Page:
Sitting in an office in Europe, one may think that Africa is only bad news and crisis. Yet, tourism is one of the key drivers of the African economy, representing 8.3% of the continent’s GDP in 2018. This is the second-fastest growing tourism region, after Asia-Pacific.
Ethiopia’s Travel & Tourism economy grew by 48.6% in 2018, the largest of any country in the world, according to the World Travel & Tourism Council’s (WTTC) annual review of the economic impact and social importance of the sector released in March. The Council stated that during the period, the sector supported 2.2 million jobs and contributed $7.4 billion to Ethiopia’s economy, an increase of $2.2 billion in 2017.
Maybe the Big Continent has some positives?
It is resilient to crisis. Africa has its share of crises – from social unrest in Ethiopia to political turmoil in Zimbabwe, security in Nairobi and environmental struggles in Cape Town; but the continent is actively and successfully working on building a stable environment for both locals and tourists.
After each of these crises the market recovered quickly; with an 8.5% GDP growth and 67 million tourists overall 2018 was not that bad!
The continent has un-spoilt beauties and offers the adventure and experiences Millennials seek when traveling. 67 million tourists in 2018 is a 7% growth when compared to 2017 and a 15.5% growth when compared to the 58 million tourists that visited the continent in 2016. Most governments are working on aggressive strategies to promote their country worldwide and on improving accessibility from Europe, Americas and Asia.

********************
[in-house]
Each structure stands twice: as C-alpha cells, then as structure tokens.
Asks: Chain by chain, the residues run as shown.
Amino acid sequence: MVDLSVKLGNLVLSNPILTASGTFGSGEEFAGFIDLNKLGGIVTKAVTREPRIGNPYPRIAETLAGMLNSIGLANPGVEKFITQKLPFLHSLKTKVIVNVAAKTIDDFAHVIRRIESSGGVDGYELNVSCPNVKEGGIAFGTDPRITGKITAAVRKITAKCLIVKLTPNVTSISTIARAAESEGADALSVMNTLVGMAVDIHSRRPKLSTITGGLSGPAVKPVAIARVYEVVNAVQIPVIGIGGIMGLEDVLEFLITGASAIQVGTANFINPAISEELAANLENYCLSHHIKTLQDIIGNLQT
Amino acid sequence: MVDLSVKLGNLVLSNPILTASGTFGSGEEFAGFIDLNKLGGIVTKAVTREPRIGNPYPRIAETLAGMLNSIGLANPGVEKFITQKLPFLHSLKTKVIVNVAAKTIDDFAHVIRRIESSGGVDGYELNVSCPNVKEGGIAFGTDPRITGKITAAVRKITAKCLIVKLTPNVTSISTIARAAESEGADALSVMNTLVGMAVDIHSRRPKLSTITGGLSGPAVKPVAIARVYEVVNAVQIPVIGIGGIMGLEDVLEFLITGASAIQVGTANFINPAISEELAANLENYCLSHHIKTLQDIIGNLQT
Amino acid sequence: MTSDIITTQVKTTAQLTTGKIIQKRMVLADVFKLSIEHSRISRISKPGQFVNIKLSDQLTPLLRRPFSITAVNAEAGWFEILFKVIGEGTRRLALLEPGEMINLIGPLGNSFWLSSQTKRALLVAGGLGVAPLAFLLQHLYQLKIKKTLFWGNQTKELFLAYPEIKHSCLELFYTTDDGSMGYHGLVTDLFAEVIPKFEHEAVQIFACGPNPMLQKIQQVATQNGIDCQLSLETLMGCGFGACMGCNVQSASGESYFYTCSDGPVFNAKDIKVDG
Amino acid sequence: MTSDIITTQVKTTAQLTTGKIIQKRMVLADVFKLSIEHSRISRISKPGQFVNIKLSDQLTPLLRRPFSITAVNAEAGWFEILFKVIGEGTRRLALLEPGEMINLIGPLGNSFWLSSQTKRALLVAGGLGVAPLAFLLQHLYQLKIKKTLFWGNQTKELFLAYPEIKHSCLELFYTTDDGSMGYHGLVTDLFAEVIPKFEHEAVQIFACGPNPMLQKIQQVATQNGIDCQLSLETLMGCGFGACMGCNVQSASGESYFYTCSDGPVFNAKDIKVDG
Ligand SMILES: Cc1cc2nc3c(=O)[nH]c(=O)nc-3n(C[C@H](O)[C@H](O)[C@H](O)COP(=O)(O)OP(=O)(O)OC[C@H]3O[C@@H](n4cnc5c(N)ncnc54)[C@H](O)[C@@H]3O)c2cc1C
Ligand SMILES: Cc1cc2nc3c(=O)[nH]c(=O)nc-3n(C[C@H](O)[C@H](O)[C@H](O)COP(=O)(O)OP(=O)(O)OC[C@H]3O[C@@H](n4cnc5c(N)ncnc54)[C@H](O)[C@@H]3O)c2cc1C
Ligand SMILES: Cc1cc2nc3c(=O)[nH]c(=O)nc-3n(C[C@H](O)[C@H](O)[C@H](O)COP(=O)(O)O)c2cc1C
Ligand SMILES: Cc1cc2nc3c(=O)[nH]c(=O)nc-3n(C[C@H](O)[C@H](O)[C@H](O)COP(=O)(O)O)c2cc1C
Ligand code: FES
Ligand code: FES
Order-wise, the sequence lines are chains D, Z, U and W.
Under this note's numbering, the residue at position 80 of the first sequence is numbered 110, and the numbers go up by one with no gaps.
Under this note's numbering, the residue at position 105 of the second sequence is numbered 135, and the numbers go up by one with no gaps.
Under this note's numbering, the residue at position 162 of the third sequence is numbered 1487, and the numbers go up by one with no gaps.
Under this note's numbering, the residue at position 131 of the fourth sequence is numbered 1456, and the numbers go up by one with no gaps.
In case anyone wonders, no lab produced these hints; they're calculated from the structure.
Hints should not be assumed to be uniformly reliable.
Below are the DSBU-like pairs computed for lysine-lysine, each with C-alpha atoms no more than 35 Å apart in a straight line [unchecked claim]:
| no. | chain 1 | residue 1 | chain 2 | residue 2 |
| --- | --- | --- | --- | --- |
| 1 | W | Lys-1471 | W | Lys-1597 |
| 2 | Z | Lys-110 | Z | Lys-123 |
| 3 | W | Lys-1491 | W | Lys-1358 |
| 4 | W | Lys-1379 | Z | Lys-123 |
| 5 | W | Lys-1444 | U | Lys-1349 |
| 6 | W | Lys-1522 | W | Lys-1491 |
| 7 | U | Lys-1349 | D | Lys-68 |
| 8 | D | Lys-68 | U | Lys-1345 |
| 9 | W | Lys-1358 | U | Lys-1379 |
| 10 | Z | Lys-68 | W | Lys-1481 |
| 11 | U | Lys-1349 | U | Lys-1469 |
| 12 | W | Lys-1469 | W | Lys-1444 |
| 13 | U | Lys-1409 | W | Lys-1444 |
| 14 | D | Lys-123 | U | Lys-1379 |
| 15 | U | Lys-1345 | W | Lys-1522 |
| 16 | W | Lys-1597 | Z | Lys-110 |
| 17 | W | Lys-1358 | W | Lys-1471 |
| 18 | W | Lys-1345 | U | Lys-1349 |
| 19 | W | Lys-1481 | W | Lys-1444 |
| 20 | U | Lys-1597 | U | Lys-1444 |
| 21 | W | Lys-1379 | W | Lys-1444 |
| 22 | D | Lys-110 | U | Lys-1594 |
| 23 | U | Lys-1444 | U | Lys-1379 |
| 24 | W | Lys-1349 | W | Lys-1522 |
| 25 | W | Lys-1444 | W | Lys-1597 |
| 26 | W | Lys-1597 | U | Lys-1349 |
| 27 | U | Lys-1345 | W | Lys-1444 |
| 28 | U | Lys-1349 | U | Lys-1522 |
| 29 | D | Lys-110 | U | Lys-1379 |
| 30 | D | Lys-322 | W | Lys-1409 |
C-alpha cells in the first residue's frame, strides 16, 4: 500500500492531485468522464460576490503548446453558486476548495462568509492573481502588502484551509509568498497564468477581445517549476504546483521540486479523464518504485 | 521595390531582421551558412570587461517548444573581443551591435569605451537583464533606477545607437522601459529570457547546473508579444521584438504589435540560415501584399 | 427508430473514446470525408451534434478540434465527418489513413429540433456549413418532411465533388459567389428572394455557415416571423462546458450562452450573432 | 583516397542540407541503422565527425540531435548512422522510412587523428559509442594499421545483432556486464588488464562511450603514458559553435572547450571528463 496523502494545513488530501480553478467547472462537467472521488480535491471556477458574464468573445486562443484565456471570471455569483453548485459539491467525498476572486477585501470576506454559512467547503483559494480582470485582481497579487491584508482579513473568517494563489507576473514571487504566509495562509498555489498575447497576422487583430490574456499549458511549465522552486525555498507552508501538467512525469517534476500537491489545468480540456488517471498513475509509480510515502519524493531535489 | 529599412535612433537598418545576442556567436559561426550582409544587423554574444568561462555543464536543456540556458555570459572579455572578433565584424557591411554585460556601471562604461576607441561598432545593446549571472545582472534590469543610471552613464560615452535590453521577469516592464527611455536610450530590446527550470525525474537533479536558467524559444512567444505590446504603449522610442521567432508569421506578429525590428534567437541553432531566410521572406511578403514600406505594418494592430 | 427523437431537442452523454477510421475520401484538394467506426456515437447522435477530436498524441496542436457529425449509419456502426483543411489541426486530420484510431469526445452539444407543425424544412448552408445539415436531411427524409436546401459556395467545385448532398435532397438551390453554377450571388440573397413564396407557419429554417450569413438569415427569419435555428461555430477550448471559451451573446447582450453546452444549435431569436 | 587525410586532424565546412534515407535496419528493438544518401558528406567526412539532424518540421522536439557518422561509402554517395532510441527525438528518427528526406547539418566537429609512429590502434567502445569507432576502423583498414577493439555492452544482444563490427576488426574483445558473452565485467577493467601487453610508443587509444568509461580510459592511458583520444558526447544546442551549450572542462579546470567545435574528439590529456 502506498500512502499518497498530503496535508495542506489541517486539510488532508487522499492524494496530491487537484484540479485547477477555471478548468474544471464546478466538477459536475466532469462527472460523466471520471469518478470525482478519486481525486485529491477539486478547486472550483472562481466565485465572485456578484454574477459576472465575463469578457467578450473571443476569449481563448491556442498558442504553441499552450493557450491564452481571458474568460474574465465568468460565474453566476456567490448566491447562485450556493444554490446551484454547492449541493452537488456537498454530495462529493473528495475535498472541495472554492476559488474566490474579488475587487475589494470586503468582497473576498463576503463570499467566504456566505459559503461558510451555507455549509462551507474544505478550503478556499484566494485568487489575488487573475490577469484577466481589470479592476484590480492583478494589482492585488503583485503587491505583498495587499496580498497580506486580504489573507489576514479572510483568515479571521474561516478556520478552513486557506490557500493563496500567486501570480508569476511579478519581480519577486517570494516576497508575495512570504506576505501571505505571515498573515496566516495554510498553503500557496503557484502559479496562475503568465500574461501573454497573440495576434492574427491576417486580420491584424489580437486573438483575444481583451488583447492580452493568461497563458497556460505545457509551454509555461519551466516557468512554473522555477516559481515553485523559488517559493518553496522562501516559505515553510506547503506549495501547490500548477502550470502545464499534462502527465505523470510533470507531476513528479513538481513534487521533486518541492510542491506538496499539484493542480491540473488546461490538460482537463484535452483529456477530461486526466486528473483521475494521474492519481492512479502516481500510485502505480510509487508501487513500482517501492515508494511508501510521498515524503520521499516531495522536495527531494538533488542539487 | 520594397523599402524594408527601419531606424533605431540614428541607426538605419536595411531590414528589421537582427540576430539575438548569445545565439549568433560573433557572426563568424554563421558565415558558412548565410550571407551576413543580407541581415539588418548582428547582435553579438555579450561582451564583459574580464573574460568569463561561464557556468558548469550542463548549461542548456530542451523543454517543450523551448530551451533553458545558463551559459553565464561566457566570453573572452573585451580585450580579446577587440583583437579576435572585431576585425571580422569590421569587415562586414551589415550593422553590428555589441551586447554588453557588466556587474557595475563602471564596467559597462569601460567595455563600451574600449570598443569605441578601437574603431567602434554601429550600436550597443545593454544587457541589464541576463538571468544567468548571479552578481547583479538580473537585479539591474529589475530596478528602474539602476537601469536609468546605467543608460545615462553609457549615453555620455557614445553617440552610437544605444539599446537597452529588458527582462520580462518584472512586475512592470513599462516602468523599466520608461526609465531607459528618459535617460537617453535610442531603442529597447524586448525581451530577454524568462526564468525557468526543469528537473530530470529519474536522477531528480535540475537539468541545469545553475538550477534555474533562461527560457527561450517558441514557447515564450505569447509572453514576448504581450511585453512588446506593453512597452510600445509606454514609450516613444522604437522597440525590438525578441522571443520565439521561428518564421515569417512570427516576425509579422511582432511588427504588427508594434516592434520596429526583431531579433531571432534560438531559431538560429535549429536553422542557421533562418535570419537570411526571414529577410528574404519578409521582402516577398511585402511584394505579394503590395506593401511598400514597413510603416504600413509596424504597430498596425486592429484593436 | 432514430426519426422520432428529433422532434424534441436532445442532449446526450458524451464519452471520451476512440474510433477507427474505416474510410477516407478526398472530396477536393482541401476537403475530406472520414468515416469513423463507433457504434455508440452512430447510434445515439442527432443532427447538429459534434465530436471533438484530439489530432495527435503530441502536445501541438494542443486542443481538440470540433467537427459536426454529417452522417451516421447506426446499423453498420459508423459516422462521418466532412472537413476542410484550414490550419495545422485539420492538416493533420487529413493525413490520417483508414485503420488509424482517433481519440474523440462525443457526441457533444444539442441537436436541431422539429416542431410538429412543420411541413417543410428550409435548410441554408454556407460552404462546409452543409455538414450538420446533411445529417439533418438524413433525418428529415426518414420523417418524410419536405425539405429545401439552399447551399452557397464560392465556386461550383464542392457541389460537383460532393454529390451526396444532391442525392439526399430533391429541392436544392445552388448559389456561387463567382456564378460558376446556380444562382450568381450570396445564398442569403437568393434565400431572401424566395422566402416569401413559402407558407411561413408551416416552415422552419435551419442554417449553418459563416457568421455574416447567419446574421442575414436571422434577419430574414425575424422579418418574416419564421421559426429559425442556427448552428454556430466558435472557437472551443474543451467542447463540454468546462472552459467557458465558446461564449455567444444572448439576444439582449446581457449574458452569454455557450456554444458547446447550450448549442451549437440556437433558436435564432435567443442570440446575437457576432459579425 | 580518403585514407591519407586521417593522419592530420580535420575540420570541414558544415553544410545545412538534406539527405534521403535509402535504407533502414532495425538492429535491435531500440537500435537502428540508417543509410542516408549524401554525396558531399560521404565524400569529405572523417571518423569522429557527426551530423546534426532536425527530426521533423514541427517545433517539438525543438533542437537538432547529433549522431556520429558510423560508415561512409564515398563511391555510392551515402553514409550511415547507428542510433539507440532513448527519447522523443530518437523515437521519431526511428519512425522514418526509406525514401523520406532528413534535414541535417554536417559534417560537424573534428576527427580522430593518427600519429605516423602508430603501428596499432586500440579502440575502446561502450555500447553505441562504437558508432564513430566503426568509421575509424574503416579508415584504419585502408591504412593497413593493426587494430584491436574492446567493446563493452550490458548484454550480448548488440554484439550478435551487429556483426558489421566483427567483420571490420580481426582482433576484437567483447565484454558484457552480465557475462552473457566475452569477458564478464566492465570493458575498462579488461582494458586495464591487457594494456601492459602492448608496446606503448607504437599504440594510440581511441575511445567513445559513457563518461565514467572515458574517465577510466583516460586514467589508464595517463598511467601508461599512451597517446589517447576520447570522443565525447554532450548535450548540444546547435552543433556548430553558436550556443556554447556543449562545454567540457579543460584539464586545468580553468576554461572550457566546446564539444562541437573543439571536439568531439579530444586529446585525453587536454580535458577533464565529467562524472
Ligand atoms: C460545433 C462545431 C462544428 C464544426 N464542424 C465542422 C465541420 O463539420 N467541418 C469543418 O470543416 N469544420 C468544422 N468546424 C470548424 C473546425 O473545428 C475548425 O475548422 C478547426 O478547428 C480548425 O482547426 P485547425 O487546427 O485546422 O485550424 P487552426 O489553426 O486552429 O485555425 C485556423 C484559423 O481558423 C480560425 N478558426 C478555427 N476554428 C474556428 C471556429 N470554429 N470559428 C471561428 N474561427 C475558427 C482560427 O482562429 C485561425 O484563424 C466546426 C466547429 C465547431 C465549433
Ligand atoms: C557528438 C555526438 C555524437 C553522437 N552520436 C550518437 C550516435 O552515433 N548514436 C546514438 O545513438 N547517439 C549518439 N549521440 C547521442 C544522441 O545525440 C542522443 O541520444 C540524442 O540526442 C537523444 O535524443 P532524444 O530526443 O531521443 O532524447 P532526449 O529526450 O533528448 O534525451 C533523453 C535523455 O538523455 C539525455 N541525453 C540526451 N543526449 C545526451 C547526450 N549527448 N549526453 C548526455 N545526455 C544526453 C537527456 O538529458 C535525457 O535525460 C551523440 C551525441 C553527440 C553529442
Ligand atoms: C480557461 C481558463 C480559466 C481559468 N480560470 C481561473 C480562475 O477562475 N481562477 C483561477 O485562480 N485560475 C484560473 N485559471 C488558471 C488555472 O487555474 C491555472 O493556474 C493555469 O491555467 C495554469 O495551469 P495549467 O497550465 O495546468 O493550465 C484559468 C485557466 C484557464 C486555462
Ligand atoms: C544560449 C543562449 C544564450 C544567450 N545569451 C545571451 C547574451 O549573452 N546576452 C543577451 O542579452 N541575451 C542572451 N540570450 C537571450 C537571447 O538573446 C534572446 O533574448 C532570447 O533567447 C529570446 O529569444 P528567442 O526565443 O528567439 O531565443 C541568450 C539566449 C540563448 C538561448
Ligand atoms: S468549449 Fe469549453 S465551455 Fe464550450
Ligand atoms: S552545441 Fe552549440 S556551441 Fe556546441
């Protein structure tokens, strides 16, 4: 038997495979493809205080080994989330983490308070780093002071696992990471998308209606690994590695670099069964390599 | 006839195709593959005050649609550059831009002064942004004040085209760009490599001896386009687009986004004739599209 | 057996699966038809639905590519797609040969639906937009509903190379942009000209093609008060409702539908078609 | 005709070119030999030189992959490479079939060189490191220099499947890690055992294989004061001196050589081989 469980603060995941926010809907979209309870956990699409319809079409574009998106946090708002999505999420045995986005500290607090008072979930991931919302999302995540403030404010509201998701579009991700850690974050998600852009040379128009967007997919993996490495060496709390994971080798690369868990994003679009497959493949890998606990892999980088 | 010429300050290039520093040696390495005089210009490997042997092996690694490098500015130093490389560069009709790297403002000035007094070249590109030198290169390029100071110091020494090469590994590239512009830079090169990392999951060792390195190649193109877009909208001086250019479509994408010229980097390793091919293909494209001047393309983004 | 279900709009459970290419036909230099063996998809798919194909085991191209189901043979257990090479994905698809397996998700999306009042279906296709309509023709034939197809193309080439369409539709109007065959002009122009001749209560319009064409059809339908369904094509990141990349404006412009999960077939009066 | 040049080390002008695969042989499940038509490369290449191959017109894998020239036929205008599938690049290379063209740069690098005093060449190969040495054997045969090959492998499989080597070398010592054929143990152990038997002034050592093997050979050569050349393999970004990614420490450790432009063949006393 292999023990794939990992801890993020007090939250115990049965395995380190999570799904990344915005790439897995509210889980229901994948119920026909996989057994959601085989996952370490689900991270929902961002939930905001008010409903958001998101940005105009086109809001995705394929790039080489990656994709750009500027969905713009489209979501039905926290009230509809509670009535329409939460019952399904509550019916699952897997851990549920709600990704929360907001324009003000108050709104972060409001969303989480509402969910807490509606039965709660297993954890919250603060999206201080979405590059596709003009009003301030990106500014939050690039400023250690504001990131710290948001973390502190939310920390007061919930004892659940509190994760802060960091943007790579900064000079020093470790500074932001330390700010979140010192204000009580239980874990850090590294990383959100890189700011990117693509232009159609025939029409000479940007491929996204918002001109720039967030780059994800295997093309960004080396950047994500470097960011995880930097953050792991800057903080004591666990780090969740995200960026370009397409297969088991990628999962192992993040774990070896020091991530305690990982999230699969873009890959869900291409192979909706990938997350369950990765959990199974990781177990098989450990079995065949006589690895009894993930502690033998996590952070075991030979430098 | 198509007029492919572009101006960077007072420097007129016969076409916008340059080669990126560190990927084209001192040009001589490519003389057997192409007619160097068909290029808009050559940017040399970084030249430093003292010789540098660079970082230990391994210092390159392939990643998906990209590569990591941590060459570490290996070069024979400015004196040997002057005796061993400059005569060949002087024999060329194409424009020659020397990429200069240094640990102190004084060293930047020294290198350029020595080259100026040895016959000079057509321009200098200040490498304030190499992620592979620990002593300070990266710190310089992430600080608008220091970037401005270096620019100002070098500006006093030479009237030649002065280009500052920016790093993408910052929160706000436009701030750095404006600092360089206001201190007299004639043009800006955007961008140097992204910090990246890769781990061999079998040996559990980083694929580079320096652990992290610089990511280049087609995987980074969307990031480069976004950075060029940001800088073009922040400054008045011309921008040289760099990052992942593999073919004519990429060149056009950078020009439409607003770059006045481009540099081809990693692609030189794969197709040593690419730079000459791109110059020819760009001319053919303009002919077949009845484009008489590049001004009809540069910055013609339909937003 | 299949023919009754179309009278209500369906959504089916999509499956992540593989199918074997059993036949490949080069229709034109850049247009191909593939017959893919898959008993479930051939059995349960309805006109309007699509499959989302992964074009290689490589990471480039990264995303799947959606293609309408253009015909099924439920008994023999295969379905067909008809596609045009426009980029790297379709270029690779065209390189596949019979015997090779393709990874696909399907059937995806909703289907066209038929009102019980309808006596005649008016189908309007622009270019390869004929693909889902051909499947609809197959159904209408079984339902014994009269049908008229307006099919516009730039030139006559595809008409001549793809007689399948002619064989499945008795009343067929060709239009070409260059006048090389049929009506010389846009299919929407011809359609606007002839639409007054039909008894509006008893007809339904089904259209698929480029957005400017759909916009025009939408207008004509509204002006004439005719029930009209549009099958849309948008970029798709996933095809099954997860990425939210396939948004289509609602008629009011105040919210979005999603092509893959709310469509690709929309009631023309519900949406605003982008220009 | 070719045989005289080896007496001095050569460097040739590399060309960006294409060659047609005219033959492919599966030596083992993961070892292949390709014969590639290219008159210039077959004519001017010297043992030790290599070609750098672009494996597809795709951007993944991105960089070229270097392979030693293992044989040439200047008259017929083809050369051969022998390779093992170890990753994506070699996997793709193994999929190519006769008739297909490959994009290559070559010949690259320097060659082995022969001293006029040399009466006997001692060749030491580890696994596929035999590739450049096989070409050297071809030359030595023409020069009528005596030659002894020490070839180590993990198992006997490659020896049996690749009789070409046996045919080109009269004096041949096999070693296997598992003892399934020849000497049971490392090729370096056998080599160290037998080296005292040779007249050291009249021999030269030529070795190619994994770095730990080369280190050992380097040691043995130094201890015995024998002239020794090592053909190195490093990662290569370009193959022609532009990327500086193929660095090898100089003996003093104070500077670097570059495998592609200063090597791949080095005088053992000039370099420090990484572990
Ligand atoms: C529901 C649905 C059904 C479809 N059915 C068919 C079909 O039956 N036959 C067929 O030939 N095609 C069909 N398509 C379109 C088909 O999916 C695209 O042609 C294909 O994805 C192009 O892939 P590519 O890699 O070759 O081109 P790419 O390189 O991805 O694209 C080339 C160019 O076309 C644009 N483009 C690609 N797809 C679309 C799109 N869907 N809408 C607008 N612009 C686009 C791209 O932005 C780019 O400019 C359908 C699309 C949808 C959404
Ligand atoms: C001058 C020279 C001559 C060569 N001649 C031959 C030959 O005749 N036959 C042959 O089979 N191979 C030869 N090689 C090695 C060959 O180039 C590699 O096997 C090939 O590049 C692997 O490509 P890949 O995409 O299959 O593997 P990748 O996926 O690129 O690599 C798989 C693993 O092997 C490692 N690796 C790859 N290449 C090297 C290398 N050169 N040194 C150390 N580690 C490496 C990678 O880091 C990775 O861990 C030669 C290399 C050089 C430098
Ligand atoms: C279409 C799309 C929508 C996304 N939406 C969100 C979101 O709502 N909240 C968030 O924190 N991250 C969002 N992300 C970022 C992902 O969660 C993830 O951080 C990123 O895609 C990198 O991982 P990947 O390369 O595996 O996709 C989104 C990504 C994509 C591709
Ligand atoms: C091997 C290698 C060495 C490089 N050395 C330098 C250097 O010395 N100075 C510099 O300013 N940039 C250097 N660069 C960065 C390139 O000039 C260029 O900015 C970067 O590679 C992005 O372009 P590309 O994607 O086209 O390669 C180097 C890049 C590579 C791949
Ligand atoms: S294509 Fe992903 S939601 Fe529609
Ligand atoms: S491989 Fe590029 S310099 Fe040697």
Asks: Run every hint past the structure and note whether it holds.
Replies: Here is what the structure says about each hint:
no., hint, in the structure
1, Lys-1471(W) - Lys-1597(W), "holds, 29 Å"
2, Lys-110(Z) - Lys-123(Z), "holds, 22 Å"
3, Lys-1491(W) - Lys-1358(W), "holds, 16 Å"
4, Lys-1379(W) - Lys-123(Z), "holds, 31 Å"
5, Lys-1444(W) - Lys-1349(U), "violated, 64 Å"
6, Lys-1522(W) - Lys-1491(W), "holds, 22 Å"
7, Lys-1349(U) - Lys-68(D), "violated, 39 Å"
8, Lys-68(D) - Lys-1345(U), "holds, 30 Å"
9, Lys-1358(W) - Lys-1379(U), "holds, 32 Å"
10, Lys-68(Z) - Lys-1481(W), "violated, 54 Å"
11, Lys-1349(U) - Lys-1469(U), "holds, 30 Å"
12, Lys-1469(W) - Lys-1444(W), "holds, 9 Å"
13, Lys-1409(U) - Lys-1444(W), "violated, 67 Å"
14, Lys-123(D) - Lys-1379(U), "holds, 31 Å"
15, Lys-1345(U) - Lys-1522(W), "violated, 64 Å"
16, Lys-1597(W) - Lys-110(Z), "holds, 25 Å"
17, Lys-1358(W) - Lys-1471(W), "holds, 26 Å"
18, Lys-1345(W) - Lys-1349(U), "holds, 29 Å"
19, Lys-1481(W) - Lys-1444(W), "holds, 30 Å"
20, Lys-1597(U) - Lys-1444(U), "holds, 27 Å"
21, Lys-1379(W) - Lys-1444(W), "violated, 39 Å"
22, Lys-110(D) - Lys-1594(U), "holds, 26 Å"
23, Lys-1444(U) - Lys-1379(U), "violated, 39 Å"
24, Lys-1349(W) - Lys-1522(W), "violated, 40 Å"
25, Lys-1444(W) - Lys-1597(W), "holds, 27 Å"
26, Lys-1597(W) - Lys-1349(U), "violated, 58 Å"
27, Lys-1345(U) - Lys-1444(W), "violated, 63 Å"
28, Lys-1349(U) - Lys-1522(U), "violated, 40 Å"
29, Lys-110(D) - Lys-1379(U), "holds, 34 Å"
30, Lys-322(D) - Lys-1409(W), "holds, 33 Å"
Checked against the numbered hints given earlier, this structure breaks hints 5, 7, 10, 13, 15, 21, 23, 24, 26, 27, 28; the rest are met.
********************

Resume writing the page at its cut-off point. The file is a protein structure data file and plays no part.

The number of direct flights from major cities, such as New York, Paris and London are growing and securing visas is becoming easier and cheaper. Although, why we need visas at all is another question? The implementation of the East African visa that allows travelers to apply for a visa online before visiting Uganda, Rwanda and Kenya has proven to boost tourism significantly in these countries, proving sometimes less is more. Africa counted 92 million passengers’ movements in 2018.
International tourism is not the only boost to African tourism. Domestic tourism is substantially increasing due in part to the African Continent Free Trade Area. Visas requirements are lifted for regional travelers and each of the countries must promote itself as a destination to regional travelers. In 2018, 56% of tourism spending in Africa was domestic spending. When you consider that most of the highest spending tourists will be from outside the continent this shows the importance of offering products and services to local and regional travelers.
Positive tourism trends should benefit hotels’ brands in the short and long-term and encourage most international management companies to make Africa a priority. Radisson Hotels, Hilton, Accorhotels, Marriott Hotels, Hyatt, Intercontinental all recently announced massive pipelines and objectives for the Big Continent.
THINC Africa 2019 that will be held on 15 November 2019 at the Westin Cape Town to discuss opportunities and challenges in Africa, including how to expand tourism into new areas.
Register at https://thincafrica.co.za/